against each other, through money, drugs and guns.

Afghanistan was almost self-sufficient
in food before the Soviet invasion in 1979. The leftist government had
instituted many economic and social reforms. But the Soviets went in
for the bait set up by the US to take revenge for the Vietnam War, as
bragged about by Zbigniew Brzezinski, former US President Jimmy Carter's
National Security Advisor. That was the beginning of the Afghan
tragedy 30 years ago. Since then, the country has not seen a day of
peace except for the brief brutal peace of Taliban era.

America trained, financed and
equipped Afghan refugees to become Mujahideen to kill the Communist
Soviets. Along the way, we created a cadre of fighters, including Osama
bin Laden. Then, we supported and financed the Taliban and now we are
trying to kill them as well.

In seven years of US occupation
of Afghanistan, the government of Hamid Karzai and American influence
have remained limited to Kabul and a few other smaller areas. Now it
is not just the Americans, NATO and Pakistan which are playing their
cards, but India, Russia and Iran also have increased embassy staff
and active participation in carving a realm of power in Afghanistan.

If the British Empire in the
19th century could not succeed in occupying Afghanistan despite close
to a century of war on and off, and the Soviets failed to do the same
during the twentieth century, we cannot win either. Isn't it about time
that we Americans in the 21st century rethink the "good war" in Afghanistan?
After seven years of going nowhere, it is surely time for a new strategy.

Consider this: if the Soviets,
with 120,000 troops at any given time (500,000 total) could not do it,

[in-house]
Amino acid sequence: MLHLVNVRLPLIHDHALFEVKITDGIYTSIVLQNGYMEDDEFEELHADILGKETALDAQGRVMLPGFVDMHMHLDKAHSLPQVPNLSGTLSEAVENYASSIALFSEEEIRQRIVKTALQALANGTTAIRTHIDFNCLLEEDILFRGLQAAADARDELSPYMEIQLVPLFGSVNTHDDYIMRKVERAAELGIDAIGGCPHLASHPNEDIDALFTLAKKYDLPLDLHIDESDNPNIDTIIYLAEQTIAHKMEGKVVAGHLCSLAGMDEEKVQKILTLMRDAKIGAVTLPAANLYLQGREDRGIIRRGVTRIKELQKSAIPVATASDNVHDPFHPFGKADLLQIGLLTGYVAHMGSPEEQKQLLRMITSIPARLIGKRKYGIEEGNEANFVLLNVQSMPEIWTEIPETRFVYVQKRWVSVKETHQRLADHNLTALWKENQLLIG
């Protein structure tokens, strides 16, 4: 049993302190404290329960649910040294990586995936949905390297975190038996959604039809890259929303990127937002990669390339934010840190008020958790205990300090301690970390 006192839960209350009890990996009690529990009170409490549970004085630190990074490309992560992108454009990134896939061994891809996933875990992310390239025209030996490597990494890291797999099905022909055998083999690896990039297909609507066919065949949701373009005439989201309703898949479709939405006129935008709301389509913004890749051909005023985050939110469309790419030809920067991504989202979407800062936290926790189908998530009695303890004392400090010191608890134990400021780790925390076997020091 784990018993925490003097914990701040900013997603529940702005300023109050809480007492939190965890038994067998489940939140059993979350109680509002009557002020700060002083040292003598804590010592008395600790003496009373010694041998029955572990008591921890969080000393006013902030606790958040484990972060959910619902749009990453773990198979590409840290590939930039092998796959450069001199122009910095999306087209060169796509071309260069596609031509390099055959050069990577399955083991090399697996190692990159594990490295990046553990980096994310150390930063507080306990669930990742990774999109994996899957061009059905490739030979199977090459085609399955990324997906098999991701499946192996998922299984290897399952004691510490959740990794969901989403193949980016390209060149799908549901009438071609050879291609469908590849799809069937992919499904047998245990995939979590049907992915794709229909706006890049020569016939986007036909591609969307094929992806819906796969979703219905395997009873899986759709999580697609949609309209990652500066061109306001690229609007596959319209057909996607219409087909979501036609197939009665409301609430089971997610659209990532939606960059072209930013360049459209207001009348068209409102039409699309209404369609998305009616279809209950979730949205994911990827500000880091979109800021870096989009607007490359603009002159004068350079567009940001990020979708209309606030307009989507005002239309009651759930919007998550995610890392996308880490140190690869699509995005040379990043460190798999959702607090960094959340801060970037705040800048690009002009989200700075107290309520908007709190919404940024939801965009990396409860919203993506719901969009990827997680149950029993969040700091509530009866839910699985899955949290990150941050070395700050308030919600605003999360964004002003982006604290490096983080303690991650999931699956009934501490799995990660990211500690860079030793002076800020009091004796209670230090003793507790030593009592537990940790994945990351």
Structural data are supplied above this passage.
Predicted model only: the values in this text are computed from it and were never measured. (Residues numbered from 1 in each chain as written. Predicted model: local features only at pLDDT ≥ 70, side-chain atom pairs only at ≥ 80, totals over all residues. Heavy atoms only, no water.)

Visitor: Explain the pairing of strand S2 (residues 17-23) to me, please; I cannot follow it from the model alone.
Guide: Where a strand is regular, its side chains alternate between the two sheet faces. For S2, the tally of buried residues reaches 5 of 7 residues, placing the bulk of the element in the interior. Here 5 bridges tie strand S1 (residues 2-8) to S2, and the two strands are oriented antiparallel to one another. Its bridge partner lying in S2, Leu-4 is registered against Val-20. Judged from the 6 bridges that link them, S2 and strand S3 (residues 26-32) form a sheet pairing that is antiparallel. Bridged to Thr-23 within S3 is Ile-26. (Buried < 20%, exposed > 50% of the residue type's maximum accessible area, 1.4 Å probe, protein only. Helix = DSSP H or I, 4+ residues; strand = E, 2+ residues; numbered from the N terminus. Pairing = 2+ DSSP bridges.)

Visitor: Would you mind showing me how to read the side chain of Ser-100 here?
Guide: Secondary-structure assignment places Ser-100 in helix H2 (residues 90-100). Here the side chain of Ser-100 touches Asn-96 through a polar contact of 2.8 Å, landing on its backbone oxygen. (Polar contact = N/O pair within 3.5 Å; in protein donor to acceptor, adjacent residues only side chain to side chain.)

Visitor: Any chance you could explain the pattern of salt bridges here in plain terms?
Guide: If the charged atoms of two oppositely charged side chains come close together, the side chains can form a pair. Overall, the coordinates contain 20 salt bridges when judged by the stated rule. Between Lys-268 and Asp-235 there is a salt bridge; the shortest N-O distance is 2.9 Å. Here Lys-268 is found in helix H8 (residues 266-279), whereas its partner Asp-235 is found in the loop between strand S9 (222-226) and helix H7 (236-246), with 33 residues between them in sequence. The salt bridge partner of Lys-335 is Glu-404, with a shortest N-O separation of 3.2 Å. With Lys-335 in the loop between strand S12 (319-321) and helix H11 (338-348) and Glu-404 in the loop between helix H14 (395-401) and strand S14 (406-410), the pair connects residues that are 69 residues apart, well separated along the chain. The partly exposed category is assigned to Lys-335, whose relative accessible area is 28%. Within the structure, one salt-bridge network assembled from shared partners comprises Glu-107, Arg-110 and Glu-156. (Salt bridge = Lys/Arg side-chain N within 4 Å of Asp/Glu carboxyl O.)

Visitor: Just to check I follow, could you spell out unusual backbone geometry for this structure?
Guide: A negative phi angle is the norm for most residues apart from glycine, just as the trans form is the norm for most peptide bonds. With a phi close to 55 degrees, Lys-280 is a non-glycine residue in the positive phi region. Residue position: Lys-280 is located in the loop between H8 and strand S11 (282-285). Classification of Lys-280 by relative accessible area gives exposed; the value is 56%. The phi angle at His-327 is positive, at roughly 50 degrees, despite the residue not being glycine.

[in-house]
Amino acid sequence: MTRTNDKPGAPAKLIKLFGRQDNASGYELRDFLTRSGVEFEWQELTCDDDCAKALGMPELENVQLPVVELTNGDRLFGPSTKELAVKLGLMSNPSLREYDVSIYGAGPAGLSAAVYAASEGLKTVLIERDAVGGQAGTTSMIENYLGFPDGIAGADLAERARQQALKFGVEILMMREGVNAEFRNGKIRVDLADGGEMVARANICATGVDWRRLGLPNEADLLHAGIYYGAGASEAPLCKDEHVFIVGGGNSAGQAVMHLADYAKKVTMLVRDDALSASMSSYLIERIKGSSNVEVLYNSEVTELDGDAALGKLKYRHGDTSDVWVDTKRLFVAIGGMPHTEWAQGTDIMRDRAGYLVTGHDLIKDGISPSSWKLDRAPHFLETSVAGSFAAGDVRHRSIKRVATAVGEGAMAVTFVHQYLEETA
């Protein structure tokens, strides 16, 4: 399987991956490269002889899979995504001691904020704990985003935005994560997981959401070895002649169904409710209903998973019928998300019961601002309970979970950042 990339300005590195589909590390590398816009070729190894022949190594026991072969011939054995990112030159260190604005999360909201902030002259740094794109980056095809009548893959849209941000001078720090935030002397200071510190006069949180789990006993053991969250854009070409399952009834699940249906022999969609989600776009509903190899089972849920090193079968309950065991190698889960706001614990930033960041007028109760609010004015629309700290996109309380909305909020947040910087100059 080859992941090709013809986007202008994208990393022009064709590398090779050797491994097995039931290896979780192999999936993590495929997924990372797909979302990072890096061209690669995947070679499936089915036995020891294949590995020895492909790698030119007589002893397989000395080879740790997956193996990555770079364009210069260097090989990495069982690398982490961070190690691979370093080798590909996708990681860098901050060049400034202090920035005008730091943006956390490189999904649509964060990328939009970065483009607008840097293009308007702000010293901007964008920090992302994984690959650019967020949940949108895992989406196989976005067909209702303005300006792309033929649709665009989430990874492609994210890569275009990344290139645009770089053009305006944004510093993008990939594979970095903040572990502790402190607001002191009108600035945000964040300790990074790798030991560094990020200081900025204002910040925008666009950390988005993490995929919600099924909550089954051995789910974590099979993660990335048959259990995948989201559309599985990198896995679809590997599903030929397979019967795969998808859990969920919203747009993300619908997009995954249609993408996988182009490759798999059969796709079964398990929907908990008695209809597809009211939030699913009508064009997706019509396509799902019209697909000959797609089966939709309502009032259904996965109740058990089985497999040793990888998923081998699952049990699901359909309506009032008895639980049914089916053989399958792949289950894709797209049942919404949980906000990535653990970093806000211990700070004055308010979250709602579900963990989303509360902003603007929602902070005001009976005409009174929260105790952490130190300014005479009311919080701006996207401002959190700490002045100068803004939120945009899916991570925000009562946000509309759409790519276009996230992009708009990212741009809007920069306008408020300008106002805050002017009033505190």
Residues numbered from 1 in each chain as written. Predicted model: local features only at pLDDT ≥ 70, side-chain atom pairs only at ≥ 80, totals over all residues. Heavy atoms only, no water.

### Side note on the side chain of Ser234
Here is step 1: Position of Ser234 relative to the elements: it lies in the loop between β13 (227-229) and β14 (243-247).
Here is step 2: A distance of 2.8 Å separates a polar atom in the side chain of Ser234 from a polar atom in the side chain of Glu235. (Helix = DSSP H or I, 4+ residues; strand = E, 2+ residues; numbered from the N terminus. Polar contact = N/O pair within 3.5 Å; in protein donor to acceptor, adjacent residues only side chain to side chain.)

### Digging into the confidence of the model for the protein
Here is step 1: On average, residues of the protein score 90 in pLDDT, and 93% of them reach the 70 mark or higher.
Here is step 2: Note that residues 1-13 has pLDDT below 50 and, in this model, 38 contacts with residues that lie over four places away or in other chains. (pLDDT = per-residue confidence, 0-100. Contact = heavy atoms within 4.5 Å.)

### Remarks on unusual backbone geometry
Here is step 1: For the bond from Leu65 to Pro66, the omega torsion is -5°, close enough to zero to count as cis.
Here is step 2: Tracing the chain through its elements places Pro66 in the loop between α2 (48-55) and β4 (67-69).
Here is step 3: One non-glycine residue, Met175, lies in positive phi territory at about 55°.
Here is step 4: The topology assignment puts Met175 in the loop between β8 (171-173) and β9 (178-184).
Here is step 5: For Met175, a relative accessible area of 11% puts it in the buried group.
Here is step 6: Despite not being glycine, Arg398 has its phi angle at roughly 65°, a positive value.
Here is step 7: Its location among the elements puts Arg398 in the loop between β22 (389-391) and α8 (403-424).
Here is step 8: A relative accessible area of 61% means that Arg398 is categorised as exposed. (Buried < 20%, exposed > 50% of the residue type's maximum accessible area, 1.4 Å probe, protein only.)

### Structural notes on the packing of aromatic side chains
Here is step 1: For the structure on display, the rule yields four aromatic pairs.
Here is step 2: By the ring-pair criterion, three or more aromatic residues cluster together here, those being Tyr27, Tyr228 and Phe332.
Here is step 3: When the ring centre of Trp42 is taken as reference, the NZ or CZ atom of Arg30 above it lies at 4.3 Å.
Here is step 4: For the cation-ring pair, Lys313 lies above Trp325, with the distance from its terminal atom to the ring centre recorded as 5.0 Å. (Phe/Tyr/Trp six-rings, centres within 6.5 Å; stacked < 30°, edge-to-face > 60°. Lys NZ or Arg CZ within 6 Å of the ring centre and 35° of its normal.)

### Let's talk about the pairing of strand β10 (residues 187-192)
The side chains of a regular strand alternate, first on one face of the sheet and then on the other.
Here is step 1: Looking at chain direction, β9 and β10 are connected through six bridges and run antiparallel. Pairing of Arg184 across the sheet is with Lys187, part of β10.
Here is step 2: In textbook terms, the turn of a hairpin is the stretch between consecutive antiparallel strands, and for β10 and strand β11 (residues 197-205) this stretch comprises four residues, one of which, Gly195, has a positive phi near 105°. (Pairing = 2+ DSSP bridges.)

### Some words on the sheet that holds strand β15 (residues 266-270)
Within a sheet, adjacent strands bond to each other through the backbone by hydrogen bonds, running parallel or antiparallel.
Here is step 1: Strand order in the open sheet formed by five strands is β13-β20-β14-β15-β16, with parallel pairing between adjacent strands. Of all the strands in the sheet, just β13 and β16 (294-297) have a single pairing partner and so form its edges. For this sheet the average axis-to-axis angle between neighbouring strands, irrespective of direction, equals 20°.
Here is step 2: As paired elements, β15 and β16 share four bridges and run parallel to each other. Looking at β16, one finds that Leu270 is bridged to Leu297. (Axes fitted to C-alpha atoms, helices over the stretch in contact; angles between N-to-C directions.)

how can we with only 60,000? An increase of 20,000 to 30,000 American
soldiers is unlikely to achieve military defeat.

And the Soviet Union was just
across the border from Afghanistan, not tens of thousands of miles away
as America is.

In Iraq which is half of the
size of Afghanistan, the U.S. had more than 150,000 troops plus 190,000
contractors, killing one million people and destroying the whole infrastructure
of the country.

Afghanistan has 16 percent
more people than Iraq. It has a far more challenging military environment
because two-thirds of Afghanistan is mountainous terrain suitable for
guerrilla warfare unlike the flat plains of Iraq.

Most Afghans have been raised
accustomed to war and hardship during the last three decades, unlike
the comparatively more urbanized Iraqis.

That is the reason the outgoing
commander of NATO-ISAF, General Dan McNeill, publicly requested anywhere
between 100,000 and 400,000 more troops for the fight in Afghanistan.

President Obama has been right
to pursue diplomacy with countries like Iran and for extending a hand
to the Muslim world. However, he is dangerously wrong for pursuing the
military path in Afghanistan. It is one that will only exacerbate terrorism,
as well as further destroy a nation crippled by thirty years of war.
It will lead to the deaths of more American soldiers. And I have no
doubt that it will further lower the life expectancy of Afghans, those
who continue to suffer the most.